Book Review: A Different View of African-American Quilters
As a folklorist, one involved in documentation, and a collector of African-American quilts, Roland Freeman gains credibility for his authority to carry out his near-national survey (38 states and Washington, DC) in Part One, and for his own personal story from the age of three in 1940 with his first vivid childhood memory of quilts and their central place in his life to 1992, when he made the decision "to transform [his] work into a national study."
The focus and approach to the "work" through valuing and reporting the words of the quilters speaking about their connections to quilting, their personal family histories and African-American heritage, and their beliefs had already been established and well begun in the 1970s when he was a field research photographer in folklore for the Smithsonian Institution's Center for Folklife Programs and Cultural Studies working in Mississippi. Part One ends with "A Summary of Fifty Years of Study of Quilting By African Americans."
Perhaps some will find it inappropriate for me to find fault
with Freeman, but I do wish that he had come forward in 1981 with
his first catalogue for his exhibition Something to
Keep You Warm to add his considerable voice to
those who have objected to the stereotypical view of African-
American quilting as promulgated by the Thompson, Leon, Vlach,
and Wahlman camp. Even his text for the catalogues for his second
exhibition More Than Just Something to Keep You Warm
[1989-1992] focuses on the "strip" quilt, "the
specialness of African-American quilters and their
improvisational and applique quilts" and "the
continuities between African-American quilts and West African
textiles." Freeman states in The Summary of this volume that
by that time [the 1980s] it was clear to him that "the
African-American community is a host of many varied traditions,
and within it there are different tastes and a remarkable variety
in how these tastes are expressed." He gives credit to
Cuesta Benberry as one of the few who understood "the
dangers of oversimplifying the study of quilts made by African
Americans." Well I remember her quiet and dignified
presentation that looked broadly at A-A quiltmaking and its
relationship to the totality in February 1992 at Louisville
Celebrates the American Quilt. Perhaps if we had
heard from Freeman sooner about his own recognition of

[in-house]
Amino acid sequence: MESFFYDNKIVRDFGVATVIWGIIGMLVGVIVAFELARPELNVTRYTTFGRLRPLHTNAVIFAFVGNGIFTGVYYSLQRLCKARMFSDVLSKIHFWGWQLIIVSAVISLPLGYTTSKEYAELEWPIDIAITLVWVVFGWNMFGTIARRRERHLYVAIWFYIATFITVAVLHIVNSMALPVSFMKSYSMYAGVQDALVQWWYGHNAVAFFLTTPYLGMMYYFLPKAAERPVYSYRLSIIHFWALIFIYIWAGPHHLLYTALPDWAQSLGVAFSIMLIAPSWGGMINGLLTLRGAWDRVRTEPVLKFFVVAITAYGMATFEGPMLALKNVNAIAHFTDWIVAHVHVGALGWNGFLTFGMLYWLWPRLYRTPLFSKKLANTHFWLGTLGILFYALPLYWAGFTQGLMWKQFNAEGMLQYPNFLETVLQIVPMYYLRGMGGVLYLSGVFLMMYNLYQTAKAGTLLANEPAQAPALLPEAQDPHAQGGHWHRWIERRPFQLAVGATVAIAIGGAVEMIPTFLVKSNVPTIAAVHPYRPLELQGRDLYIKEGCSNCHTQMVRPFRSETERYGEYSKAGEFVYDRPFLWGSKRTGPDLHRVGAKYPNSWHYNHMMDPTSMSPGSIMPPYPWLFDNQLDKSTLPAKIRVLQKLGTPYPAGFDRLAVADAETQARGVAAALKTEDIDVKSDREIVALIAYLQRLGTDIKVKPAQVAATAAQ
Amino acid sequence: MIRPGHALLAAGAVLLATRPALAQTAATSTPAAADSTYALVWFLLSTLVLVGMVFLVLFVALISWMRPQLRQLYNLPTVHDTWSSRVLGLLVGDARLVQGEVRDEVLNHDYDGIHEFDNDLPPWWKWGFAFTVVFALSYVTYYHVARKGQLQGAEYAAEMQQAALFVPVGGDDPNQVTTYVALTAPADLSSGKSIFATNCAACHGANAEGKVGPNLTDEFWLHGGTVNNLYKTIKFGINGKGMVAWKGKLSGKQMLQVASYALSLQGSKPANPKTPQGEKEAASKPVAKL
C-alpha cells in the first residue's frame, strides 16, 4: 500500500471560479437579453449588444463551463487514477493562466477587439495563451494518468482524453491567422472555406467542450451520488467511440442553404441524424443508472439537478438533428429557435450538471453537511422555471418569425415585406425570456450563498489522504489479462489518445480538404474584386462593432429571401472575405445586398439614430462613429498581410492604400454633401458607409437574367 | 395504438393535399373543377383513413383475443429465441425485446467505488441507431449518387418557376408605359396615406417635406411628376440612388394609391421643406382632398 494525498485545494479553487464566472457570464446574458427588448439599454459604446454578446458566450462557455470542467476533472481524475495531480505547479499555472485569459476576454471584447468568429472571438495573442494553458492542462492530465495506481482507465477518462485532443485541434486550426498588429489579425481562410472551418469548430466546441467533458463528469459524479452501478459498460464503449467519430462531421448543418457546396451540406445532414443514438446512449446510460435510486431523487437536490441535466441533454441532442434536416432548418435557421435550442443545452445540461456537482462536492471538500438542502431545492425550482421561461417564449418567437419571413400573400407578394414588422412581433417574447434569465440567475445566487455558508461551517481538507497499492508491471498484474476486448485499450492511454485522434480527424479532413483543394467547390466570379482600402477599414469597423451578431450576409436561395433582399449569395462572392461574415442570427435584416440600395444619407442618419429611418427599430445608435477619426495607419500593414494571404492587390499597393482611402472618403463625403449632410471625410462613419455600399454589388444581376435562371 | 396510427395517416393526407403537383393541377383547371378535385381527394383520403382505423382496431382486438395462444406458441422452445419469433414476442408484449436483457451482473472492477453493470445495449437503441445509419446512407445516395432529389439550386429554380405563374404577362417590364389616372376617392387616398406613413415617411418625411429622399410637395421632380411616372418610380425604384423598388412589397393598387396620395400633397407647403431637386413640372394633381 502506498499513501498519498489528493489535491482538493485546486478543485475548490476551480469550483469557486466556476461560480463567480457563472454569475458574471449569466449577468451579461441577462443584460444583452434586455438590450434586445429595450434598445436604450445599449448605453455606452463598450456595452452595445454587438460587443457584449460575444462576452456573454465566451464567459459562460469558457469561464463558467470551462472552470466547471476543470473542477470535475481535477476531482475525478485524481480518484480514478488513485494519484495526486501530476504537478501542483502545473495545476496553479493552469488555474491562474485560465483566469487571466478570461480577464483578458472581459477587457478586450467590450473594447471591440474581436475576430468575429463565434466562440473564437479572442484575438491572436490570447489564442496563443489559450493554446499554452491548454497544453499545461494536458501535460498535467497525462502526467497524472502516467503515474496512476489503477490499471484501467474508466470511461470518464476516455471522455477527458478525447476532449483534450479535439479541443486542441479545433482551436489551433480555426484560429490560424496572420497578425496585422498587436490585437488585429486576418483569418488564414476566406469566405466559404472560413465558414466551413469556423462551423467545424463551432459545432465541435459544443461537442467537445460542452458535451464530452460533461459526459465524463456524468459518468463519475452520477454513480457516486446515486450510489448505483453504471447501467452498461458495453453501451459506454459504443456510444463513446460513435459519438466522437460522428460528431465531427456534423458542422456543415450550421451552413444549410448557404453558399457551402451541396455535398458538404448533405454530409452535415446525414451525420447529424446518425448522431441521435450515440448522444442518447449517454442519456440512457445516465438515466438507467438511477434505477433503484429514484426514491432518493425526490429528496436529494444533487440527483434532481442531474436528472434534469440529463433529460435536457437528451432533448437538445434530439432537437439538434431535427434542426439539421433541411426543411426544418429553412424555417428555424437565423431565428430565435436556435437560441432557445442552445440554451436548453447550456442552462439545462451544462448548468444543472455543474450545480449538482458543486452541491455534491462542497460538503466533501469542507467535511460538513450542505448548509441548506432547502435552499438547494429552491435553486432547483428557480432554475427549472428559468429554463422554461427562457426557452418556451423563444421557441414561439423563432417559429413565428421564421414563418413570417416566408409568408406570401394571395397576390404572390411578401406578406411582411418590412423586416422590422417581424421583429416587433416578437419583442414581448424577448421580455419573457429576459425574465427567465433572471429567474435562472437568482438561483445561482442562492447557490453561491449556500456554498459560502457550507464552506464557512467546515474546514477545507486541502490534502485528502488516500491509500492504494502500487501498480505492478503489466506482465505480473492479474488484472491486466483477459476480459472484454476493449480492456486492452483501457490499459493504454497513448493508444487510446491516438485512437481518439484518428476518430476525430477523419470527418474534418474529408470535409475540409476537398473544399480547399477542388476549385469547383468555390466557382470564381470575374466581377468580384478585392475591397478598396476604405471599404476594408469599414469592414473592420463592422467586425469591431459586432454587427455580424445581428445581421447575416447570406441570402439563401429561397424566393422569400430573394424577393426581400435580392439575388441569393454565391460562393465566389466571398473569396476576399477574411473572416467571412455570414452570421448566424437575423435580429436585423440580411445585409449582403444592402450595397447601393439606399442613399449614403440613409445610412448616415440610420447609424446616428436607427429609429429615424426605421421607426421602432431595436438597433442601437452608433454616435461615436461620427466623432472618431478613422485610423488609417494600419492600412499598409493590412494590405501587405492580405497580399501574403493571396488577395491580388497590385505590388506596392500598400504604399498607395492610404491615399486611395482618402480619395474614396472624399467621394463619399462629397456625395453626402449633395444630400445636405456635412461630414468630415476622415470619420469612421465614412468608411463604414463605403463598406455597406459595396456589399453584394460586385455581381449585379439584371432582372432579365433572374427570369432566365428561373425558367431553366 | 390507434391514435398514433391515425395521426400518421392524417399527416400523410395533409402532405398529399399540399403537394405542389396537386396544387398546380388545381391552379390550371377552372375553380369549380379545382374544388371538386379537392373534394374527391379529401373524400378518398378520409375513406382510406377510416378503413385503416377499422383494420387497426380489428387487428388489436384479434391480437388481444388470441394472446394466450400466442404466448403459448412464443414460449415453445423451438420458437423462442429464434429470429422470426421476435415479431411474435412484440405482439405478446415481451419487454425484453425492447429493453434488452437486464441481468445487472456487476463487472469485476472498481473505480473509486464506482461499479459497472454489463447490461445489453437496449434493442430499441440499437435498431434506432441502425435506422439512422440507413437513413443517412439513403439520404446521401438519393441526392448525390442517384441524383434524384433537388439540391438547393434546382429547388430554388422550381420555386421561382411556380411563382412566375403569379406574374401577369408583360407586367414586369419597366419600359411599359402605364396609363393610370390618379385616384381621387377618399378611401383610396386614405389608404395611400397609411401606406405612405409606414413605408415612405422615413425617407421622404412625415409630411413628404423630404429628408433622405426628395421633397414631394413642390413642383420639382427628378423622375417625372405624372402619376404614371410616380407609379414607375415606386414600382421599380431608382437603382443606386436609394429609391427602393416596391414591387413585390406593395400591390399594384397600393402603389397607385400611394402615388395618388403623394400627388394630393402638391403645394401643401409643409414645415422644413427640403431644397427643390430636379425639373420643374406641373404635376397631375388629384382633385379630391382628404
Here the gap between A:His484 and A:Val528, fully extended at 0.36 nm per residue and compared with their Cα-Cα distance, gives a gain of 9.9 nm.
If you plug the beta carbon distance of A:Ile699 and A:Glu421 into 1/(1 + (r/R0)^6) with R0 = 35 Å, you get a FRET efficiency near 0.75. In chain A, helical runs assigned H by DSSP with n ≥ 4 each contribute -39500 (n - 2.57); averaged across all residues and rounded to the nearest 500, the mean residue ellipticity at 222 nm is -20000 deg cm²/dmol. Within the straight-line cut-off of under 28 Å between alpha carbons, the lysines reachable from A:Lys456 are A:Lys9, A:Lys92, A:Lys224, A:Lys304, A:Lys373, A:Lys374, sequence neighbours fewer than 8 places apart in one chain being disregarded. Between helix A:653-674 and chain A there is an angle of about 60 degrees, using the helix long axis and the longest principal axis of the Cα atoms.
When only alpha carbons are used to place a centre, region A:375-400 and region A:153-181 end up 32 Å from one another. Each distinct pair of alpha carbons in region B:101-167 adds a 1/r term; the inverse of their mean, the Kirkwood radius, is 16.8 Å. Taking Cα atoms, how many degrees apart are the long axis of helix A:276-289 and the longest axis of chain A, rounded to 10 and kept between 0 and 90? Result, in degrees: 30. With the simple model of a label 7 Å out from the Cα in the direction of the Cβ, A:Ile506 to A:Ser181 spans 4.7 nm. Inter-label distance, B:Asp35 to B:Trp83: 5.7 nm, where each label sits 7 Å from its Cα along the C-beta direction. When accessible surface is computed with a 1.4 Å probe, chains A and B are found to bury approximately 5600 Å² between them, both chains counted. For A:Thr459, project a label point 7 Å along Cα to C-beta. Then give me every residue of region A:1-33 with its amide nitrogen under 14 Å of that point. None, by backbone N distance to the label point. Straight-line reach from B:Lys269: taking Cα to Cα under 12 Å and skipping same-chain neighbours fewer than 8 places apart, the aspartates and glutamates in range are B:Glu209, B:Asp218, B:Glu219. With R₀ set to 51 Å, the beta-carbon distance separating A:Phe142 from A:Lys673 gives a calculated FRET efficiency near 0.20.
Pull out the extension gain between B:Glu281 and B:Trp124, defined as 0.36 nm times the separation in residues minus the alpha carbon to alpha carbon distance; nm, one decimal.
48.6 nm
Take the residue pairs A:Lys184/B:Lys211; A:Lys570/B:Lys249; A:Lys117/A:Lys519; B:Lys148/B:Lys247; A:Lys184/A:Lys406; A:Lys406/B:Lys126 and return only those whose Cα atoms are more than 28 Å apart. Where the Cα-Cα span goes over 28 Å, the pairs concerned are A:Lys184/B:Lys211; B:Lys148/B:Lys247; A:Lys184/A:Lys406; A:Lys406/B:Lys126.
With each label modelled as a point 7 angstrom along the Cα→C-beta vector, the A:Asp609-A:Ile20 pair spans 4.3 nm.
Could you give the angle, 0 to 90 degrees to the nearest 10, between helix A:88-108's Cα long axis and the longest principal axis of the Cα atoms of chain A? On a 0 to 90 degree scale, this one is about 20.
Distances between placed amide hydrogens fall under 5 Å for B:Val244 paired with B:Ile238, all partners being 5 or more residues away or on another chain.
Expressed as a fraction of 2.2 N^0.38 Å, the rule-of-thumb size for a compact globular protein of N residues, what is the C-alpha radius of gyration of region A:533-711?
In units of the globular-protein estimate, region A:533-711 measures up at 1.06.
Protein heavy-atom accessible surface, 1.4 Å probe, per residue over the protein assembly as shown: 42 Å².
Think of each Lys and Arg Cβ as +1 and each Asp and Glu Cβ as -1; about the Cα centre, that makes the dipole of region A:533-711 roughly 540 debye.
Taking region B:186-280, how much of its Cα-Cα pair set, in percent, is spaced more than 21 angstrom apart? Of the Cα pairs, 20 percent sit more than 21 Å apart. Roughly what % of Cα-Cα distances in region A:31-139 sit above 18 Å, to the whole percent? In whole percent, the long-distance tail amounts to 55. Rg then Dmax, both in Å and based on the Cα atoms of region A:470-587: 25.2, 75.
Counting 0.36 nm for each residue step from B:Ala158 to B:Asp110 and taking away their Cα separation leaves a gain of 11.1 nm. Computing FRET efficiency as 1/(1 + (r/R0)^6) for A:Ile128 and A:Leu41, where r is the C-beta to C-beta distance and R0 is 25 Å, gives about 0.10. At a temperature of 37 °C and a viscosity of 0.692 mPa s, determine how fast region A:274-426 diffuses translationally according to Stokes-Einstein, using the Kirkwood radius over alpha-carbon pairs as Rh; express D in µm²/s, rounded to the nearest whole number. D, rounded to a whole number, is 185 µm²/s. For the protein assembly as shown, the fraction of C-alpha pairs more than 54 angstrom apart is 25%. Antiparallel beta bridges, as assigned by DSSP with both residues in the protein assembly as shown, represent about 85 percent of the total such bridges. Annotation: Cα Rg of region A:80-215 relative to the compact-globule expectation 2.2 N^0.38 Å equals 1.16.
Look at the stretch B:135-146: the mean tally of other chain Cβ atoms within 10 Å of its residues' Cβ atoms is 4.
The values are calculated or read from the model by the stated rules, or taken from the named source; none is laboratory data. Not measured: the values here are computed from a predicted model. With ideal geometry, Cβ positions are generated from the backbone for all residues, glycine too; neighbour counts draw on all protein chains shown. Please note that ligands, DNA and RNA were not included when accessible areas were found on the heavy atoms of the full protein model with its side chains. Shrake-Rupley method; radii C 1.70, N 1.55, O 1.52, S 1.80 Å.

stereotypes, they might not have become so entrenched.
Some might prefer a more statistically analytical approach to
the Conclusion. (Mazloomi, when interviewed by Freeman, estimated
that the improvisational strip quilt represents only two to three
per cent of the work being done by WCQN quilters. She also
pointed out that some of the contemporary random patterning work
is from "a conscientious study of West African woven fabrics
. . . not something inherent.") However, even from survey
results published here more or less as raw data, surely even the
least discriminating of reader must see that the stereotypes are
totally invalid. (The project results will also by made available
through an exhibition produced by The Group for Cultural
Documentation. A selection of the photographs and surveyed
quilts, interpretive panels, and other artwork related to the
quilters opened in January 1997 at the Mississippi Museum of Art
in Jackson and will tour for three of more years.) Highly
Nancy Cameron Armstrong, one of only
three named from Canada for inclusion in 88
Leaders of Today's Quilt World (Nihon Vogue, 1995), is
Chairperson for the Canadian Quilt Study Group. She dedicates
considerable time and effort to this locally-based organization
with members in 11 countries. A quilt researcher and retired
library science professor, she curated the respected exhibit of
Gulf War quilts, "Women in the Eye of the Storm," which
appeared at 1992 IQF (Houston) and 1995 MAQF (Williamsburg). She
lives two miles from the US/Canada border, and can be reached at firstname.lastname@example.org.
(c)Copyright 1997 by Nancy Cameron Armstrong. All rights reserved.
(c) Copyright 1995-2012 by The Virtual Quilt Company. All rights reserved.
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